Highly Enriched Uranium Removals
    The United States has been working with Kazakhstan to eliminate its excess Highly Enriched Uranium (HEU) since the completion of Project Sapphire in 1994, when the two countries cooperated to remove and ship to the United States approximately 600 kilograms of HEU from Kazakhstan.[29] In recent years, the US Department of Energy / National Nuclear Security Administration (DOE/NNSA) Global Threat Reduction Initiative (GTRI) has returned almost 75 kilograms of HEU spent fuel to Russia and has downblended all remaining fresh HEU (33 kilograms) in-country. Once the final three research reactors are converted to LEU, (DOE/NNSA) will work with Kazakhstan to return the remaining 85 kg of HEU at these facilities to the Russian Federation for disposition. The next shipment will take place in late 2014 from the Institute of Nuclear Physics in Alatau.[29]
    When life itself seems lunatic, who knows where madness lies? - Miguel de Cervantes, (Don Quixote)

    Quote Originally Posted by Voluntarist View Post
    The tree of liberty must be refreshed from time to time with the Federal Reserve Notes of patriotic central banks
    Quote Originally Posted by jon4liberty View Post
    You "guys" have the market cornered on transexual satan worshipping anarchists

    "Our Enemy, The State" by Albert Nock. https://famguardian.org/Publications...bertJKnock.pdf

  8. #7
    Quote Originally Posted by Pauls' Revere View Post
    Then there's Kazakhstan: I was unaware they had nuclear stockpiles and highly enriched uranium (HEU).


    https://en.wikipedia.org/wiki/Kazakh...ates_relations

    The United States was a critical player in assisting Kazakhstan to get rid of its strategic nuclear weapons stockpile and dismantle its nuclear weapons infrastructure between 1991 and 1996 through the provision of Nunn-Lugar Comprehensive Threat Reduction (CTR) assistance. In the time period between 1992 and 2008, cumulative CTR assistance to Kazakhstan has culminated to $341 million. At the "2012 Seoul Nuclear Security Summit" in March 2012, Presidents Obama and Nazarbayev reaffirmed bilateral cooperation in the areas of nuclear nonproliferation.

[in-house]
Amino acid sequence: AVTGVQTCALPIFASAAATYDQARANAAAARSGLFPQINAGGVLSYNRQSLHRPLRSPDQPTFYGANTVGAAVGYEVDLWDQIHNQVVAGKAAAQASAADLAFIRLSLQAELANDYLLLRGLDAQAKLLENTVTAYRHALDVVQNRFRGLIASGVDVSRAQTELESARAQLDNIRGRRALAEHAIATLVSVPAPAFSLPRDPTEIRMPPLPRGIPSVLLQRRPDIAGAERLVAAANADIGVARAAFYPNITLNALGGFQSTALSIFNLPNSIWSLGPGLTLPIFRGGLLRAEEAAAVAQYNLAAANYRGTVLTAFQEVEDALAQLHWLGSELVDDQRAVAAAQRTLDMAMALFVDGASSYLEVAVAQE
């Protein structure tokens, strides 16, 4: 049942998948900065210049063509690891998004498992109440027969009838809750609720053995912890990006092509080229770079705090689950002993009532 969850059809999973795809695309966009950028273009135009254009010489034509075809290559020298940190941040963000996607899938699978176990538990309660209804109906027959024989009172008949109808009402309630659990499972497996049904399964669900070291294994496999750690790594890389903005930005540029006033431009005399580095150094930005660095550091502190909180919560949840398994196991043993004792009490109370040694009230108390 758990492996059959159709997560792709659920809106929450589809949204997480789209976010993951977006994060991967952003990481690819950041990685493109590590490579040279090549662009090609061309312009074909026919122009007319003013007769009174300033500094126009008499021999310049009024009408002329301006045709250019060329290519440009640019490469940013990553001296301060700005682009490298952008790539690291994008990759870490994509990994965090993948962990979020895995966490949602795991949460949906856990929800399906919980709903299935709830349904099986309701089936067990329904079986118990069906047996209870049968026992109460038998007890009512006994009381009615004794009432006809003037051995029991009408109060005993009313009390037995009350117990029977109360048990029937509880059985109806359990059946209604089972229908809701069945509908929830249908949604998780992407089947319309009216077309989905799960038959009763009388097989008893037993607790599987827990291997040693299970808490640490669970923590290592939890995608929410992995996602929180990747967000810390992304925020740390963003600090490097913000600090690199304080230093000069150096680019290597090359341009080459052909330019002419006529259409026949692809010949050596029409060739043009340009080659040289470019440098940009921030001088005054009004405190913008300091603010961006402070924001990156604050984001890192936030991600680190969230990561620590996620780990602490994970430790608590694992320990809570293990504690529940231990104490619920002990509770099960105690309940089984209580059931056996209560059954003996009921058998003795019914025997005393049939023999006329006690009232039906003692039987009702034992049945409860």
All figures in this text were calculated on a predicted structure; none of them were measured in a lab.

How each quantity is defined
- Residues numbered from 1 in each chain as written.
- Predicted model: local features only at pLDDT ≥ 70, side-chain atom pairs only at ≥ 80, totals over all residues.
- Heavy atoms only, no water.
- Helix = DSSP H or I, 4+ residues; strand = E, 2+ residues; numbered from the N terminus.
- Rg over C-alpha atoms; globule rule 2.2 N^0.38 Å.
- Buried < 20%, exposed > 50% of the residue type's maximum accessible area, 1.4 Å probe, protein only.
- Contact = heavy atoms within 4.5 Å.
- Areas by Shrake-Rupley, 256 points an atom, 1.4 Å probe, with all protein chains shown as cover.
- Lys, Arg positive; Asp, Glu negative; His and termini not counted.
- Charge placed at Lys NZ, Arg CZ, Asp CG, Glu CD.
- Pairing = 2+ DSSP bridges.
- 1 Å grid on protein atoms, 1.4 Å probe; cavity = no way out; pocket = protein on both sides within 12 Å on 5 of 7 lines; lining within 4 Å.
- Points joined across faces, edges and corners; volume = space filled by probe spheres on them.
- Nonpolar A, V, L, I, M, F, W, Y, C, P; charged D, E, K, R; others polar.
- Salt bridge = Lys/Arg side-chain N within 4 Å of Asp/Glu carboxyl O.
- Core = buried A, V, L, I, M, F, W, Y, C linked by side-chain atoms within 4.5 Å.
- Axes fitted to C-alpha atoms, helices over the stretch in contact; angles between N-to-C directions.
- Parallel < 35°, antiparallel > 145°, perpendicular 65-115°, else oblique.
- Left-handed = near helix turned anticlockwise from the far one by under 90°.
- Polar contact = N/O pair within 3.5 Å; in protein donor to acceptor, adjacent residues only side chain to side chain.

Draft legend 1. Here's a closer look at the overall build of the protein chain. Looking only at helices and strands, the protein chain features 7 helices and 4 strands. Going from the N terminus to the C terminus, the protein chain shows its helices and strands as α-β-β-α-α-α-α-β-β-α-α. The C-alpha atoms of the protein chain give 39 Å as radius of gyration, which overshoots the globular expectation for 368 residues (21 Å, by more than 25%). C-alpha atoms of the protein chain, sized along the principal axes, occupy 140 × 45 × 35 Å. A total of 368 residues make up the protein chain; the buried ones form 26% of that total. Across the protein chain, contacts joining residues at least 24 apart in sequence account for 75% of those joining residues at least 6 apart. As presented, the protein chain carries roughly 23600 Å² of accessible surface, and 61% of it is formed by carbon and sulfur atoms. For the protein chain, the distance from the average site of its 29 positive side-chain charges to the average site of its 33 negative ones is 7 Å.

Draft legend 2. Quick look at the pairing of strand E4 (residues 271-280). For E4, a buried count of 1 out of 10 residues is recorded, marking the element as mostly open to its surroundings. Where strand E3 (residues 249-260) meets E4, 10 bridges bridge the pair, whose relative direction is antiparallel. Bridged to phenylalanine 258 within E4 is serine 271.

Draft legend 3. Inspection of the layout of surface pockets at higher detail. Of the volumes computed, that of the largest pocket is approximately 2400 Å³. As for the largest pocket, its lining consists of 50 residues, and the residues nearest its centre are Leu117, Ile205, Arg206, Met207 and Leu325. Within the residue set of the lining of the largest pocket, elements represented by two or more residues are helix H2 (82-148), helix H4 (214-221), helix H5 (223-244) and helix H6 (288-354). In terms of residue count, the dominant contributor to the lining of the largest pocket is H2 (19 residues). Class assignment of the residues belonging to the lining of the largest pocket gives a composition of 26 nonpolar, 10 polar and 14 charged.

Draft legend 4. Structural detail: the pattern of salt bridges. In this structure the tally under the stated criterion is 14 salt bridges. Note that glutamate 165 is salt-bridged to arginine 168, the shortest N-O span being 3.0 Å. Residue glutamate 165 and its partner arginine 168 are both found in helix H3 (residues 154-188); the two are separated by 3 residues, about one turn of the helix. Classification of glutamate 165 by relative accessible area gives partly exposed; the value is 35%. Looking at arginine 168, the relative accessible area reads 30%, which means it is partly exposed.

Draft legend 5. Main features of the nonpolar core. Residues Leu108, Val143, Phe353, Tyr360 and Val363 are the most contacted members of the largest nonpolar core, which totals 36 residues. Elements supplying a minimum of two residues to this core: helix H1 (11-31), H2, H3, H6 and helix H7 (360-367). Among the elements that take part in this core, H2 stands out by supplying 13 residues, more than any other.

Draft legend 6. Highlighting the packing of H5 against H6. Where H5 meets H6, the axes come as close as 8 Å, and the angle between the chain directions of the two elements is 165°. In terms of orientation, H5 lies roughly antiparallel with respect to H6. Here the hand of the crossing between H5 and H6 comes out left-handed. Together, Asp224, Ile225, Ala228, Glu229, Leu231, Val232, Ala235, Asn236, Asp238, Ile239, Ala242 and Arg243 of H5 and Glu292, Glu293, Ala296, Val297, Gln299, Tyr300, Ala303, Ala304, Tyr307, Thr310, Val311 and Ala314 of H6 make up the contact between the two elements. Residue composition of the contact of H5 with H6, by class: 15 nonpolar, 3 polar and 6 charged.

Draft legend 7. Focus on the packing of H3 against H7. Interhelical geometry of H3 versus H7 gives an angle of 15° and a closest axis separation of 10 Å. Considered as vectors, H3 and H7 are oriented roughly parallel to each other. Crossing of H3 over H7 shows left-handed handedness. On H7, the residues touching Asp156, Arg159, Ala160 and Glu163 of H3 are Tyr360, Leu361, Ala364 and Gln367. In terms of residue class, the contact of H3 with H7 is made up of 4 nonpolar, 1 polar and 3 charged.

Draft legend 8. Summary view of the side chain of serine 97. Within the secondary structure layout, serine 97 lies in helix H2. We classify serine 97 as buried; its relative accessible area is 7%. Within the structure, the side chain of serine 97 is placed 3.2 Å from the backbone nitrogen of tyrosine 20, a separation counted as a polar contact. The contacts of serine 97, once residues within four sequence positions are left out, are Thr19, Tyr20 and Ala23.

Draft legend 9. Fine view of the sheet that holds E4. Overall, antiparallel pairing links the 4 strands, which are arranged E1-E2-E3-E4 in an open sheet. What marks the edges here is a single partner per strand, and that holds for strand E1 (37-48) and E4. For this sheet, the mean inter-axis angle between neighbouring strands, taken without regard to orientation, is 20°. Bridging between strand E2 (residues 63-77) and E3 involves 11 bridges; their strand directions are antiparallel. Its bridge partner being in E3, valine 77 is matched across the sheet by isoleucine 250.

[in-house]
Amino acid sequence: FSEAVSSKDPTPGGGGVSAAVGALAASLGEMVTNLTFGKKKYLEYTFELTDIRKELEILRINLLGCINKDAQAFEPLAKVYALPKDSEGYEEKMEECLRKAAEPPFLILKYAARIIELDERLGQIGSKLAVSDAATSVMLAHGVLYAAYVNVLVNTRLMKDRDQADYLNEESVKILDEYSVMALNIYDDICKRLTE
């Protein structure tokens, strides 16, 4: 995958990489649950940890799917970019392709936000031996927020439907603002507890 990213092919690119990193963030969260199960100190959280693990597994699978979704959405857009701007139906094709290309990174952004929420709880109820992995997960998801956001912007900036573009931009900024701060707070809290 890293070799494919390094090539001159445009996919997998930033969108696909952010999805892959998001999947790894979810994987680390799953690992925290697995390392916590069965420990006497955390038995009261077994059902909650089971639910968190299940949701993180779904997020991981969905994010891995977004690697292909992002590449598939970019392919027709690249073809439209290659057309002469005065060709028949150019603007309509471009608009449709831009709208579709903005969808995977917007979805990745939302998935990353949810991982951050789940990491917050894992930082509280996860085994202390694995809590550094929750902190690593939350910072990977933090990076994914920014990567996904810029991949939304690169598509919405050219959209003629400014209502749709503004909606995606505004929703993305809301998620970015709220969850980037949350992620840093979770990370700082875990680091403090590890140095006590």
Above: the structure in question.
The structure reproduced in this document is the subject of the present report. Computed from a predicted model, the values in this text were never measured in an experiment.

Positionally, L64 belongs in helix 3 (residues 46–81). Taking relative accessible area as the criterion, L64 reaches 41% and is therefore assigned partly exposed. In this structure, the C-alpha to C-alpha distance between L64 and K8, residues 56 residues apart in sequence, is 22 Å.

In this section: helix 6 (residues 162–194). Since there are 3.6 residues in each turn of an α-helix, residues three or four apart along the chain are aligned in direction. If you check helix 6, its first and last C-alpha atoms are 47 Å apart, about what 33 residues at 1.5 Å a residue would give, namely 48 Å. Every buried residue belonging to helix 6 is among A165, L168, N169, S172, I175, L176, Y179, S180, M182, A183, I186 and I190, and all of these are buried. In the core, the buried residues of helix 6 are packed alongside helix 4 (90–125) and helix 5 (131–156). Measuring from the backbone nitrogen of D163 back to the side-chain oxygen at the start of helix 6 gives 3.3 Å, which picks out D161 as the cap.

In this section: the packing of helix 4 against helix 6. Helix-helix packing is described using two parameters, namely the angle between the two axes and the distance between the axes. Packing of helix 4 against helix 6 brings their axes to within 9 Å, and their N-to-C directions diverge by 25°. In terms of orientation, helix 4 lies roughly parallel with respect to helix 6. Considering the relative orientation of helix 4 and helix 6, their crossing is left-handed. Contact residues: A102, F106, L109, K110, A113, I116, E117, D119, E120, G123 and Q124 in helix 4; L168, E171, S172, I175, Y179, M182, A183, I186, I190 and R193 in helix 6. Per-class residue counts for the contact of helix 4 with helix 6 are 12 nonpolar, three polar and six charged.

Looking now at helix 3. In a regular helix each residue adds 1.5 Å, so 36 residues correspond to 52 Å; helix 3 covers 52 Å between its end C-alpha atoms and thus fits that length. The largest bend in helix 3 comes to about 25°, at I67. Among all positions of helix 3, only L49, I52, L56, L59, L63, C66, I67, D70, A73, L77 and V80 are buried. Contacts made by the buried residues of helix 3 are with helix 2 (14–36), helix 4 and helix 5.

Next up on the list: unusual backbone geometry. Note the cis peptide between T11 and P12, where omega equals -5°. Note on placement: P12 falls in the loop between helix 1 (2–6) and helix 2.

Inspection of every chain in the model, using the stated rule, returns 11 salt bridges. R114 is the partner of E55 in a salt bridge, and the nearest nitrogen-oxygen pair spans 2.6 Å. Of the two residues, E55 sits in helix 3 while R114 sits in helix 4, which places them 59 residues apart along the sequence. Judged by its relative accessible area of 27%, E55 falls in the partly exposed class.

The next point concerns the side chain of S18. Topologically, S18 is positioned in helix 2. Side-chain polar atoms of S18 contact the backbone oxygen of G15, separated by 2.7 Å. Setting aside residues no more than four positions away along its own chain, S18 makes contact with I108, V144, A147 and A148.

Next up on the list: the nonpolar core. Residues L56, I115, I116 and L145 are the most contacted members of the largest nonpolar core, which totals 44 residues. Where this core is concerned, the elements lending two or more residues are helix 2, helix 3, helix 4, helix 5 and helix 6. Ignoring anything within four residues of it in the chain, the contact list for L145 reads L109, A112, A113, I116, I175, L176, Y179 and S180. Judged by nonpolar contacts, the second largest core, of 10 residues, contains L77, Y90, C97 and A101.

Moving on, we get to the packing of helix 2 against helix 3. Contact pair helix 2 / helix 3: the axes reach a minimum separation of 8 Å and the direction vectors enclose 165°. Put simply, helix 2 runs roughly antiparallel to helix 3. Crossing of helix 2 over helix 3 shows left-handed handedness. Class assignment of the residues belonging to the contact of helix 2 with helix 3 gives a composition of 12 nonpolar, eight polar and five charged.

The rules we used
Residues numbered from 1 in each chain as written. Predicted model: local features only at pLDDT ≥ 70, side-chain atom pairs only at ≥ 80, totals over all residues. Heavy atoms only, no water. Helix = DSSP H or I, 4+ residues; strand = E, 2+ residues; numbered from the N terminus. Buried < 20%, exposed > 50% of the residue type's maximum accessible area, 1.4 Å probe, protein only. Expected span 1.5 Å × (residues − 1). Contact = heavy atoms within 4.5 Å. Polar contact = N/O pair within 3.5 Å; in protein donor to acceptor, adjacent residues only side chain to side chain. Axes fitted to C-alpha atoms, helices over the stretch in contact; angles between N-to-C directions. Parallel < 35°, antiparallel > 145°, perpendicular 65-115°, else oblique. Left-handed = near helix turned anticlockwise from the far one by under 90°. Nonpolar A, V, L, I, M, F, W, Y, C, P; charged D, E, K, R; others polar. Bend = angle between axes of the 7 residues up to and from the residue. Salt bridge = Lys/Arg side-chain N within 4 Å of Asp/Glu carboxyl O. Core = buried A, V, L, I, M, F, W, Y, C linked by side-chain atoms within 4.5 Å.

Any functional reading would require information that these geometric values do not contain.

Highly Enriched Uranium Removals
    The United States has been working with Kazakhstan to eliminate its excess Highly Enriched Uranium (HEU) since the completion of Project Sapphire in 1994, when the two countries cooperated to remove and ship to the United States approximately 600 kilograms of HEU from Kazakhstan.[29] In recent years, the US Department of Energy / National Nuclear Security Administration (DOE/NNSA) Global Threat Reduction Initiative (GTRI) has returned almost 75 kilograms of HEU spent fuel to Russia and has downblended all remaining fresh HEU (33 kilograms) in-country. Once the final three research reactors are converted to LEU, (DOE/NNSA) will work with Kazakhstan to return the remaining 85 kg of HEU at these facilities to the Russian Federation for disposition. The next shipment will take place in late 2014 from the Institute of Nuclear Physics in Alatau.[29]
    LOL, they sold cheap. On a somewhat related note, they have the second largest uranium reserves in the world and I hear that they can produce it more cheaply than others for some geological reason (which I don't understand). I guess we might be hearing about Kazakhstan in the news in coming years if uranium prices rise, which they are expected to do.

    "Democracy is the theory that the common people know what they want, and deserve to get it good and hard."

    -H. L. Mencken

  9. #8
    Quote Originally Posted by r3volution 3.0 View Post
    LOL, they sold cheap. On a somewhat related note, they have the second largest uranium reserves in the world and I hear that they can produce it more cheaply than others for some geological reason (which I don't understand). I guess we might be hearing about Kazakhstan in the news in coming years if uranium prices rise, which they are expected to do.

    Wow, Japan is more involved than I thought. Check this out.

    https://thediplomat.com/2015/07/japa...-central-asia/

    This benchmark deal with Turkmenistan is mirrored by Japan’s extension of its well-established nuclear energy cooperation initiatives with Kazakhstan to the oil and gas sector. Japanese Ambassador Extraordinary and Plenipotentiary Masayoshi Kamohara in a 2014 interview praised Japan’s long-standing ties to Kazakhstan dating back to the 1997 Silk Road project. He argued that Japanese linkages were a natural product of different comparative advantages: an exchange of Japanese human resources for Kazakhstan’s natural resources. Kazakhstan and Japan, by 2014, possessed 70 corporate joint ventures ranging from oil to uranium to green energy cooperation (as evidenced by the launch of the Toyota Fortuners production line).

    The second major component of Japan’s Eurasia’s strategy is ensuring that the Russia-China dominated Shanghai Cooperation Organization does not monopolize access to warm water ports in the region. During a Turkmen diplomatic delegation visit to Japan from July 15 to July 17, 2015, Japan declared its interest in investing $2 billion in a new port in Turkmenbashi City. Japanese business elites have praised this project as the perfect confluence of Japanese technological know-how and Turkmenistan’s resource wealth.
    When life itself seems lunatic, who knows where madness lies? - Miguel de Cervantes, (Don Quixote)

    Quote Originally Posted by Voluntarist View Post